Batteries hold energy tech back
Electric cars, Boeing 787 limited by graying science
"You can't get around the fundamental thing is that lithium ion batteries are stuffed full of flammable liquid," Whitacre said.
Even one-in-a-million problems with lithium ion batteries can result in many fires because there are billions of them in use now, with dozens sometimes stacked together in a single device.
Experts say lithium ion batteries are more dangerous because their electrolyte, the liquid that allows ions to move between electrodes in the battery, is more flammable than the substance in older type batteries. Those older types include the lead-acid batteries in most cars and the nickel cadmium batteries that are often in video equipment and power tools.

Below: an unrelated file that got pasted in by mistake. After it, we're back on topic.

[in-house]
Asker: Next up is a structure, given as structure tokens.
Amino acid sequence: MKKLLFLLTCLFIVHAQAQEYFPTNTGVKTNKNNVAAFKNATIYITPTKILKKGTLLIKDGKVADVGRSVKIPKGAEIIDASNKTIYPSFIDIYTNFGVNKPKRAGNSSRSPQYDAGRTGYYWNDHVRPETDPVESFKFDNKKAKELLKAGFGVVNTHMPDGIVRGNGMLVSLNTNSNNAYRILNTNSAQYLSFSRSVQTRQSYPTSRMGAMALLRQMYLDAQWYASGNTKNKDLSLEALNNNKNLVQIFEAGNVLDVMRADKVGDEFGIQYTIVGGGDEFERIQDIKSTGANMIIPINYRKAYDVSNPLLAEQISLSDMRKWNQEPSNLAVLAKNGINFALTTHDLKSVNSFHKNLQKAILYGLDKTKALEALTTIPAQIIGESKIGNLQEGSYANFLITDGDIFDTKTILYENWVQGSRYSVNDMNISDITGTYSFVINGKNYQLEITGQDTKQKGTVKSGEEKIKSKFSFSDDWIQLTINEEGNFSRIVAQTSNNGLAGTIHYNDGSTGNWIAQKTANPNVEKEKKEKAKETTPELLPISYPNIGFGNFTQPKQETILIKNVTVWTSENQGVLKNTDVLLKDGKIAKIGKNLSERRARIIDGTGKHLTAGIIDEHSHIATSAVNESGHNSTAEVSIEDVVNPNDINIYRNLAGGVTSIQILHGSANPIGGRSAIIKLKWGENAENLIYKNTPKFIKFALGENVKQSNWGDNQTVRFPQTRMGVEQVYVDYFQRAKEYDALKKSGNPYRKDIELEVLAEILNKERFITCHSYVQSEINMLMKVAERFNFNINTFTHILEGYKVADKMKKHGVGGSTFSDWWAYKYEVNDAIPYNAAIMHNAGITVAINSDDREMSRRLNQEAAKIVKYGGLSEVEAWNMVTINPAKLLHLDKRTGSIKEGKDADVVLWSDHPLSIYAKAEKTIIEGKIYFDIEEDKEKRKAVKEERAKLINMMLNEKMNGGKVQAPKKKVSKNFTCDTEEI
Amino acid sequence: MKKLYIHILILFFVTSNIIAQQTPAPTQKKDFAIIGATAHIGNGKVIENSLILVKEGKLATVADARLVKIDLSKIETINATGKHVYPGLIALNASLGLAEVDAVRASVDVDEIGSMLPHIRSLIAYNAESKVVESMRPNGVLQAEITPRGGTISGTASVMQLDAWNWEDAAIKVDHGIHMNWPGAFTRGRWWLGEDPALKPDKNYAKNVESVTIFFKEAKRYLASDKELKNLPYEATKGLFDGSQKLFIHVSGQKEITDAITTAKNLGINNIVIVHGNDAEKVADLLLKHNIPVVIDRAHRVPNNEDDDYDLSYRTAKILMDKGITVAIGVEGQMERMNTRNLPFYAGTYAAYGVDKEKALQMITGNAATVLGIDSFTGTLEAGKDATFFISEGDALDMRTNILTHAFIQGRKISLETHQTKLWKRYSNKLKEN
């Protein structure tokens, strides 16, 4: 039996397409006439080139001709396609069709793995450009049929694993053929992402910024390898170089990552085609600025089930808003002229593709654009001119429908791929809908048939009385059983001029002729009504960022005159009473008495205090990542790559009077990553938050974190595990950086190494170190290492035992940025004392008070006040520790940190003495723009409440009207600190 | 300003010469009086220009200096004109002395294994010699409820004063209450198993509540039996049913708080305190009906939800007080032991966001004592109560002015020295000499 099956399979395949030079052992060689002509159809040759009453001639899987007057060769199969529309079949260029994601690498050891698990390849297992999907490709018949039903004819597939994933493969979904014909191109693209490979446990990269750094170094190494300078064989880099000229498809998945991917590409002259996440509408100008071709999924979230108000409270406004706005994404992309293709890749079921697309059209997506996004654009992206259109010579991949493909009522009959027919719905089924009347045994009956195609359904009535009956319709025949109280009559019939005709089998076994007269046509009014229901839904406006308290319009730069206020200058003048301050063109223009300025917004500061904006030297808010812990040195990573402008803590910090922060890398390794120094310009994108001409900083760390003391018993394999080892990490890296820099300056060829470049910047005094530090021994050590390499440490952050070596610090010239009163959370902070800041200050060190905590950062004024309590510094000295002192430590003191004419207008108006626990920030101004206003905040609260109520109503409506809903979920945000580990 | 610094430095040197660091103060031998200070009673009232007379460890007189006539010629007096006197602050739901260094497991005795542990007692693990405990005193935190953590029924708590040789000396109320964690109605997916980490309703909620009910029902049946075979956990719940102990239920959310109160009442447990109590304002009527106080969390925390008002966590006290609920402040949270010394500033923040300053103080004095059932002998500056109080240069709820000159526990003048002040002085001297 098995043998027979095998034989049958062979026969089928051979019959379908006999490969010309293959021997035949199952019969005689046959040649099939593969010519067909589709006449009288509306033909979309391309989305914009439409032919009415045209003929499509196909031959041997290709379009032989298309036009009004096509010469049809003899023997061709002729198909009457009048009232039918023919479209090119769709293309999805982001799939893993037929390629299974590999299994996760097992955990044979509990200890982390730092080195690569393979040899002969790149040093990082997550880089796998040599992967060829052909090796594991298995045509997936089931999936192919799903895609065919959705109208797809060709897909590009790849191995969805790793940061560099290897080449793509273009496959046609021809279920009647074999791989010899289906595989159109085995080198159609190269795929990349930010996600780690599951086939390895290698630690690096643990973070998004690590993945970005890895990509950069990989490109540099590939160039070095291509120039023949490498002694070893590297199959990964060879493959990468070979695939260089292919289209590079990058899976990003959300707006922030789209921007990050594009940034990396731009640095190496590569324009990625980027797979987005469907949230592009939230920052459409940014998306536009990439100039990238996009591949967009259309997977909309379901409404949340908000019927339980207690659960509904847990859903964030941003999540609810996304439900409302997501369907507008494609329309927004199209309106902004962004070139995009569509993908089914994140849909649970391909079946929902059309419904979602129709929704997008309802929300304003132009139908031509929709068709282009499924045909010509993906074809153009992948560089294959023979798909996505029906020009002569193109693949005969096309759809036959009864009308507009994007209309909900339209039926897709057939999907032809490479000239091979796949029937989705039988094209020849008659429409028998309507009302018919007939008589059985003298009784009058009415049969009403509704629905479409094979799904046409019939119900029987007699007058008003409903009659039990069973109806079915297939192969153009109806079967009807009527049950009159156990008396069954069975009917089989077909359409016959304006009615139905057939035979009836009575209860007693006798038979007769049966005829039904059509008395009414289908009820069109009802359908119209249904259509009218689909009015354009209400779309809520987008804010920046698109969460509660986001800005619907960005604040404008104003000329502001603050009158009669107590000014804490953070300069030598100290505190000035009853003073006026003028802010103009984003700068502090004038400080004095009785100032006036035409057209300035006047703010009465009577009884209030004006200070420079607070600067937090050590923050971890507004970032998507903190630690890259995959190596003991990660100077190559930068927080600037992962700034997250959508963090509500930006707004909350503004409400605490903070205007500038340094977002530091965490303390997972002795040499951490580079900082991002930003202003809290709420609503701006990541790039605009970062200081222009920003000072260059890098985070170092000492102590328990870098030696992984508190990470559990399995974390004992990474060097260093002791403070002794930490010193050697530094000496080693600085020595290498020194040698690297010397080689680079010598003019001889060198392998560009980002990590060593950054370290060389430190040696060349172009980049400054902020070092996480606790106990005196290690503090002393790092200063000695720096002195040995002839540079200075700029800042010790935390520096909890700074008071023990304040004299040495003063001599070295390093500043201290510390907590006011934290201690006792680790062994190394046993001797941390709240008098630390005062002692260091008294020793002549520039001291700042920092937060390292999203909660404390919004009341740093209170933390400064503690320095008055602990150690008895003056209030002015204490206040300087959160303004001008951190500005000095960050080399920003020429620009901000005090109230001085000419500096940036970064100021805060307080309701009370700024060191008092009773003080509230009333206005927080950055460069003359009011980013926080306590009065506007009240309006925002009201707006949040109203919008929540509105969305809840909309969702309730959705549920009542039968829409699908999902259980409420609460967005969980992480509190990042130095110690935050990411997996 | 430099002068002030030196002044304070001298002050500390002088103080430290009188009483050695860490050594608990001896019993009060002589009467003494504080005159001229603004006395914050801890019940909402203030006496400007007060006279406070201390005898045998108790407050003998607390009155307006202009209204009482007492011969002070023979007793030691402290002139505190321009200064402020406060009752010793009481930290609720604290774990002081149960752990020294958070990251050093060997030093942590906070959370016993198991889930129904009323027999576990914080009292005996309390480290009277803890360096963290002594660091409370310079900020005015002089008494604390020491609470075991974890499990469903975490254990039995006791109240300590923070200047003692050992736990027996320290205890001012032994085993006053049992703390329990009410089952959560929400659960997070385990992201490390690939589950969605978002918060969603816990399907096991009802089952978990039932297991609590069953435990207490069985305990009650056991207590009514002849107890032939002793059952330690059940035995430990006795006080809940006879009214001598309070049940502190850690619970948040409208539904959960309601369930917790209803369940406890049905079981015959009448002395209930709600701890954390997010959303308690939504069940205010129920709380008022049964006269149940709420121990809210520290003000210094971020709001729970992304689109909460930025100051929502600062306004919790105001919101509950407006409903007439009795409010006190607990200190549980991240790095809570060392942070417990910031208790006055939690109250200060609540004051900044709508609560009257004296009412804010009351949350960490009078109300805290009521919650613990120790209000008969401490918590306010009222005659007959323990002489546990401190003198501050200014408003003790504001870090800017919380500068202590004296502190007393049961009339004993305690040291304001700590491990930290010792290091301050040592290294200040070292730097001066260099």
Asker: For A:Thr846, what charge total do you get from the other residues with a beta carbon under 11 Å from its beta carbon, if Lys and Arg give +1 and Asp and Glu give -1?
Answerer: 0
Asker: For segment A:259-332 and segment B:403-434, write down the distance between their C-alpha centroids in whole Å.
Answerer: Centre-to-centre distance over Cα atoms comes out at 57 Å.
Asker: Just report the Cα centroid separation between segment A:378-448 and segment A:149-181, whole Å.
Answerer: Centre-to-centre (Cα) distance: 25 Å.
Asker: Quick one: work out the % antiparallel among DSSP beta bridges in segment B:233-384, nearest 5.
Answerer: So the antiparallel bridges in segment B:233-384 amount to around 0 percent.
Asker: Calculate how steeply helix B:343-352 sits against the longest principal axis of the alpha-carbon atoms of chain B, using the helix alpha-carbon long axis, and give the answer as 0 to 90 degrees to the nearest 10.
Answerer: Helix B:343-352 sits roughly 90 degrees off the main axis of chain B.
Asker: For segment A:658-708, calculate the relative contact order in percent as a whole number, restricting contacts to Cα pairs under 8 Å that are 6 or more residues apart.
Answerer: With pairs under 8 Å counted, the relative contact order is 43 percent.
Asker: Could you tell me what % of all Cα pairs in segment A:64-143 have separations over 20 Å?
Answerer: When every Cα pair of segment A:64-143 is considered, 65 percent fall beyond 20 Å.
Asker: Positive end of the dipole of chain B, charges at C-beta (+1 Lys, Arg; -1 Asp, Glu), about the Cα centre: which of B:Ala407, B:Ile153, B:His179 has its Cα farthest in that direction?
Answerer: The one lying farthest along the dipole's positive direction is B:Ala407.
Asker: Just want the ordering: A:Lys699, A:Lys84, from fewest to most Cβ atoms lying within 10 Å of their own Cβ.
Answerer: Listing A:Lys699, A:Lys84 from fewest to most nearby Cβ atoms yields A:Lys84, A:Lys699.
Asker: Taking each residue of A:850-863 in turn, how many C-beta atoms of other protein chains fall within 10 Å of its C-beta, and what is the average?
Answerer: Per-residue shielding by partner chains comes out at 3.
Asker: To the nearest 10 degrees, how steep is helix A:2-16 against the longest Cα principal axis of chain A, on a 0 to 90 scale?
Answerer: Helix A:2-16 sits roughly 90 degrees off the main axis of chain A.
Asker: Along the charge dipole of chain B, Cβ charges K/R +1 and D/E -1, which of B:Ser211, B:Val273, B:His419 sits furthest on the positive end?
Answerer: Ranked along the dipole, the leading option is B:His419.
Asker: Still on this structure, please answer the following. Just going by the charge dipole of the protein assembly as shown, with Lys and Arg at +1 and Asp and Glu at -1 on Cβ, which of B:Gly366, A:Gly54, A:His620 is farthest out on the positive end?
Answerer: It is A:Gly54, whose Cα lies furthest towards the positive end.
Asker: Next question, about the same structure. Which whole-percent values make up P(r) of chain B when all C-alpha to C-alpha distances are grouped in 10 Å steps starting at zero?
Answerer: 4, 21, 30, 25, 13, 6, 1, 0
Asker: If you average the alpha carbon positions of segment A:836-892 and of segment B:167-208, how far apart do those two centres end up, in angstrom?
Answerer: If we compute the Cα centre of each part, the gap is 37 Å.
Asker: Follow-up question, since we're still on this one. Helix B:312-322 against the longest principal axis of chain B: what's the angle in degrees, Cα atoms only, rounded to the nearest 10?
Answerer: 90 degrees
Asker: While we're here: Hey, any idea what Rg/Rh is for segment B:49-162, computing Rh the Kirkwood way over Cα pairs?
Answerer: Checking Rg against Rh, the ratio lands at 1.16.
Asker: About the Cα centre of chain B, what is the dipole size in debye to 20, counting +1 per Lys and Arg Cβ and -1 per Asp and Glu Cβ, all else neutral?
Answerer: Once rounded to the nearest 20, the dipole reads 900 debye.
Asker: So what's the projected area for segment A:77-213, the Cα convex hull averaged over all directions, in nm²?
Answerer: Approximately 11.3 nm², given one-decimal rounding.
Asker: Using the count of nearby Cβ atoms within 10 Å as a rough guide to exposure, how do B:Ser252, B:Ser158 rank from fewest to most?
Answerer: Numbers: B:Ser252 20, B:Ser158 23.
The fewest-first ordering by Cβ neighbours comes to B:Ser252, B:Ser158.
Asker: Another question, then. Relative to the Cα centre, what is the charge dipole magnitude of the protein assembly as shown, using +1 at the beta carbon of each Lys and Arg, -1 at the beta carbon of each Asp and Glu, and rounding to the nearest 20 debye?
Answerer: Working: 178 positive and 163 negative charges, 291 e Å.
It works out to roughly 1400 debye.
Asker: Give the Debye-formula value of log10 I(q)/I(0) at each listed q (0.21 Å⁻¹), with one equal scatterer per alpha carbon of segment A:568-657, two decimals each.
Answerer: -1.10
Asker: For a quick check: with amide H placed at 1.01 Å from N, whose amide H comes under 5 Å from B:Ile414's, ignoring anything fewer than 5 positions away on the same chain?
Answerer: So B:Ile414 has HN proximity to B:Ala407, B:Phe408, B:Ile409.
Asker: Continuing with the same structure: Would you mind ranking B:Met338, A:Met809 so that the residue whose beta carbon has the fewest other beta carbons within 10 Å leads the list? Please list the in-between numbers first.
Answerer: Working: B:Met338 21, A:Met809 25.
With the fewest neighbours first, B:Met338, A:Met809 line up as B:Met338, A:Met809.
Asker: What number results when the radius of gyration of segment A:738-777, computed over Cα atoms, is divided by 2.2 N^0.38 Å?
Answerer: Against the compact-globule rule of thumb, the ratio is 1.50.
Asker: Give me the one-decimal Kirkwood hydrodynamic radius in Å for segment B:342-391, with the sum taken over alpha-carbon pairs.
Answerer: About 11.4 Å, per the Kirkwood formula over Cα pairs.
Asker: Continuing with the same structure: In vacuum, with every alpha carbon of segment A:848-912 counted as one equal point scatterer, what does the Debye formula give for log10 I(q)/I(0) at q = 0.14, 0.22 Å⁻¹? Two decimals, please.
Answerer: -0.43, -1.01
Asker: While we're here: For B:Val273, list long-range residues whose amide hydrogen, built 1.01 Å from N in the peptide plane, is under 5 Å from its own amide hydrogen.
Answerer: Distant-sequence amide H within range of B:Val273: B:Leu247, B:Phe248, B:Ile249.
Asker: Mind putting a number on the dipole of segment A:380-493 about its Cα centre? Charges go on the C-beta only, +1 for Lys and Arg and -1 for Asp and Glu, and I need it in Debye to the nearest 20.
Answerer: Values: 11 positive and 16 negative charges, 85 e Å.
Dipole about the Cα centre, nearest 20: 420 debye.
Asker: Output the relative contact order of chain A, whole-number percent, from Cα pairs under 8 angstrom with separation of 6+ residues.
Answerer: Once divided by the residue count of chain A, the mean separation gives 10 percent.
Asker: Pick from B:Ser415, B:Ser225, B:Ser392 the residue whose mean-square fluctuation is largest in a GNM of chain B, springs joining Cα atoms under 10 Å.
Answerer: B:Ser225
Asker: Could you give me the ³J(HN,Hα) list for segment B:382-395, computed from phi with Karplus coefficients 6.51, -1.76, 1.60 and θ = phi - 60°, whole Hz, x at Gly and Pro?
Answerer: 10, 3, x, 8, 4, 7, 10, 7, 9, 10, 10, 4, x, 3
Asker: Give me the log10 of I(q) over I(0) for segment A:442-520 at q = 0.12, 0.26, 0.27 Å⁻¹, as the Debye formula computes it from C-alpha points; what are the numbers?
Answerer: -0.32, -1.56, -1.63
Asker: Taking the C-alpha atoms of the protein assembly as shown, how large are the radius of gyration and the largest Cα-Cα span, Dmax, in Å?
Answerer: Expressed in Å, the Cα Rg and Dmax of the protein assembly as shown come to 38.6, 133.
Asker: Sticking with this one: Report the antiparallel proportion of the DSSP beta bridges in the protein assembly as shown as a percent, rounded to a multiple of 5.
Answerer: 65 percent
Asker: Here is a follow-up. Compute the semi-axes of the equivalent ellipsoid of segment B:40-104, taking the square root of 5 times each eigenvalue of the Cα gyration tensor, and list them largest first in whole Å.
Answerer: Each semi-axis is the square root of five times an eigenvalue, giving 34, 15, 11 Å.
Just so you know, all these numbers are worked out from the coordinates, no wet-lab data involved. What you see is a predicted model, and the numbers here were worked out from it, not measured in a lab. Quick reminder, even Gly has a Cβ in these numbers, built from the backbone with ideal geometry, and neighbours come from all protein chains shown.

Still, MIT materials science and engineering professor Gerbrand Ceder and others said the safety problems can be fixed.
Change doesn't come often in the battery field.
"The big advances in battery technology happen rarely. It's been more than 200 years, and we have maybe five different successful rechargeable batteries," said George Blomgren, a former senior technology researcher at Eveready. "It's frustrating."
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